When you have great content go viral on social media, you are almost assuredly going to see some links come from it. It also allows you to find prospecting opportunities yourself, as well as a direct avenue to engage with them. Whenever you get a link in a guest post, you can promote them on social media so they — and by extension, you — get more exposure.
Here are some tips to follow for getting the most out of social media for your link building:
- Create an account for your business on the big social media platforms
- Follow the big influencers in your industry, see what they do and how they do it
- Refine your social media posting based on past performance, see what headlines, hashtags, times of the day, days of the week, and so on get the best clicks and shares
- See who likes, shares and engages with your posts to spot link prospecting opportunities
Outside of social media, you can also follow similar strategies with alternative promotional channels like forums and other online communities. Share snippets of your content, add links, engage with people in the community. You may find other bloggers or websites mine them for content ideas where you can get a link.
Month 5: Start Blogging
Now is the time to spend building up a blog on your website. Blog content is a great source for link opportunities for a few reasons:
- Good blog content will earn direct and natural links
- Having a good blog with quality content will give you more credibility during your eventual outreach
- Blogs, like social media, are directly mined for links and content ideas by other blogs
- Adds fresh, timely content for the social media part of your strategy
To build a good blog with great content, you need to plan it out months in advance using a content calendar. This allows you to pick out specific topics and keywords to write your content around. This is important for getting links with the anchor text you want.
It’s also a good opportunity to add links in your blogs to websites that you have found in your prospecting research. This can give you something of an “in” during your outreach as something to build your relationship with them. Many sites are more than happy to form a reciprocal relationship for links.
Month 6: Outreach
All of your research and link building steps in the first five months have led to this final month for outreach. By now you should have formed a pretty comprehensive list of websites that are good opportunities to contact in some capacity.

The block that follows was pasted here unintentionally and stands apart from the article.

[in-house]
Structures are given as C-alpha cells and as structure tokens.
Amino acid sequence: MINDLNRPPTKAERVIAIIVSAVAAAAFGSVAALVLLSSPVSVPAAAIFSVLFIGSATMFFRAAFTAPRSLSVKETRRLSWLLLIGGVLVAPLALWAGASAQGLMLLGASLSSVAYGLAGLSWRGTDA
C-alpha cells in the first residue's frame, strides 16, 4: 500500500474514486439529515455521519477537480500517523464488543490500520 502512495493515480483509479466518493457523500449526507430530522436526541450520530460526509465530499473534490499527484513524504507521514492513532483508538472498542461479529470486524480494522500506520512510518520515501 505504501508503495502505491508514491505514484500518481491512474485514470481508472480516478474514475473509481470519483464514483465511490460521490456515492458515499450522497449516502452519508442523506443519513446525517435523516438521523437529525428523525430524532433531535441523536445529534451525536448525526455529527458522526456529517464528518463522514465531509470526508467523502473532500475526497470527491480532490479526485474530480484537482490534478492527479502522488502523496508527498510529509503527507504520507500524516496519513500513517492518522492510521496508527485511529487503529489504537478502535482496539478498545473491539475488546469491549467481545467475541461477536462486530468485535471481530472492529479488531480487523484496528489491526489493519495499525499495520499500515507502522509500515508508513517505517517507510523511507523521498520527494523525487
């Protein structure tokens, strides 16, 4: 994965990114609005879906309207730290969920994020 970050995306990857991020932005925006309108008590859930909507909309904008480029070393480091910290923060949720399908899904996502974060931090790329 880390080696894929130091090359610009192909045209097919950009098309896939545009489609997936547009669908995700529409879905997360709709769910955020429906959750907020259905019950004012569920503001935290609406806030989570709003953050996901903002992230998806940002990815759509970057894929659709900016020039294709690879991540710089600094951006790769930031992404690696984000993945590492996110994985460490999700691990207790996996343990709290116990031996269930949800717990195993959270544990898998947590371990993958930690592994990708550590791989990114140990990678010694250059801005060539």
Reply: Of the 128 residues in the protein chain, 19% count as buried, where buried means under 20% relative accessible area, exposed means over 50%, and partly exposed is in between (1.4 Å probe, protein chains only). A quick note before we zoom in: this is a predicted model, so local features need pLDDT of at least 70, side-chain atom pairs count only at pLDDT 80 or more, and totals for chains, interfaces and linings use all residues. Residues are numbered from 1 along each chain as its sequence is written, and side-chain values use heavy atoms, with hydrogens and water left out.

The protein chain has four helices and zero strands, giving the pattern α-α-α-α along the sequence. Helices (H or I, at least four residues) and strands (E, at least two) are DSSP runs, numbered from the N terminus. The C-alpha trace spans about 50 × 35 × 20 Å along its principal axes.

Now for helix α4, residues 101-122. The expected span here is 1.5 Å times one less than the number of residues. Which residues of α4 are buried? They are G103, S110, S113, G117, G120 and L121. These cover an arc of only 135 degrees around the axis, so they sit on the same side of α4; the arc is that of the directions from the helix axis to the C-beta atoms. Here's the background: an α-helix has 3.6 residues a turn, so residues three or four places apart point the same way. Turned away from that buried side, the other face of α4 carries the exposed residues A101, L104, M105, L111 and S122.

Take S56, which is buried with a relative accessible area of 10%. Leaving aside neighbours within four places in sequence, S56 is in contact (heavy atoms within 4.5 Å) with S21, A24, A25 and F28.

There are a few types of prospects you can contact for link building outreach:
- Websites that link to your competitor content that you think you have surpassed
- Websites that have already linked to some of your content on their own accord
- Blogs you’ve come across that allow guest posts or sponsored articles
- Specific bloggers, writers, editors, etc that engaged with you and your content on social media where you have built the start of a good relationship
Your outreach can be a bit of trial and error. You’ll learn as you go how to formulate your initial messaging and what avenue you use to contact them. It can be better to think of it more as networking and building relationships.
There are many challenges that face a new website when it comes to building links, whether you’ve done it before or not. Whether you are building links yourself, buying backlinks or outsourcing parts, it is important to create a simple but comprehensive link building plan.
A good plan should include the types of links to get, how many you should aim for, and what steps you need to take to get them. It starts with research to guide your content creation, and runs through social media and blogging until you can start reaching out to other sites.
Having a 6 month plan for your new website will help you build a great foundation for your future. With it, you can move onto more advanced link building techniques to take your website to the next level.
Now it’s your turn.
Now I’d like to turn it over to you to spark a debate or lead a new discussion.
What in this post were you excited about? What was useful? What would you like to read more about?
Or maybe you just have a question about something you read.
Either way, let us know in the comments below.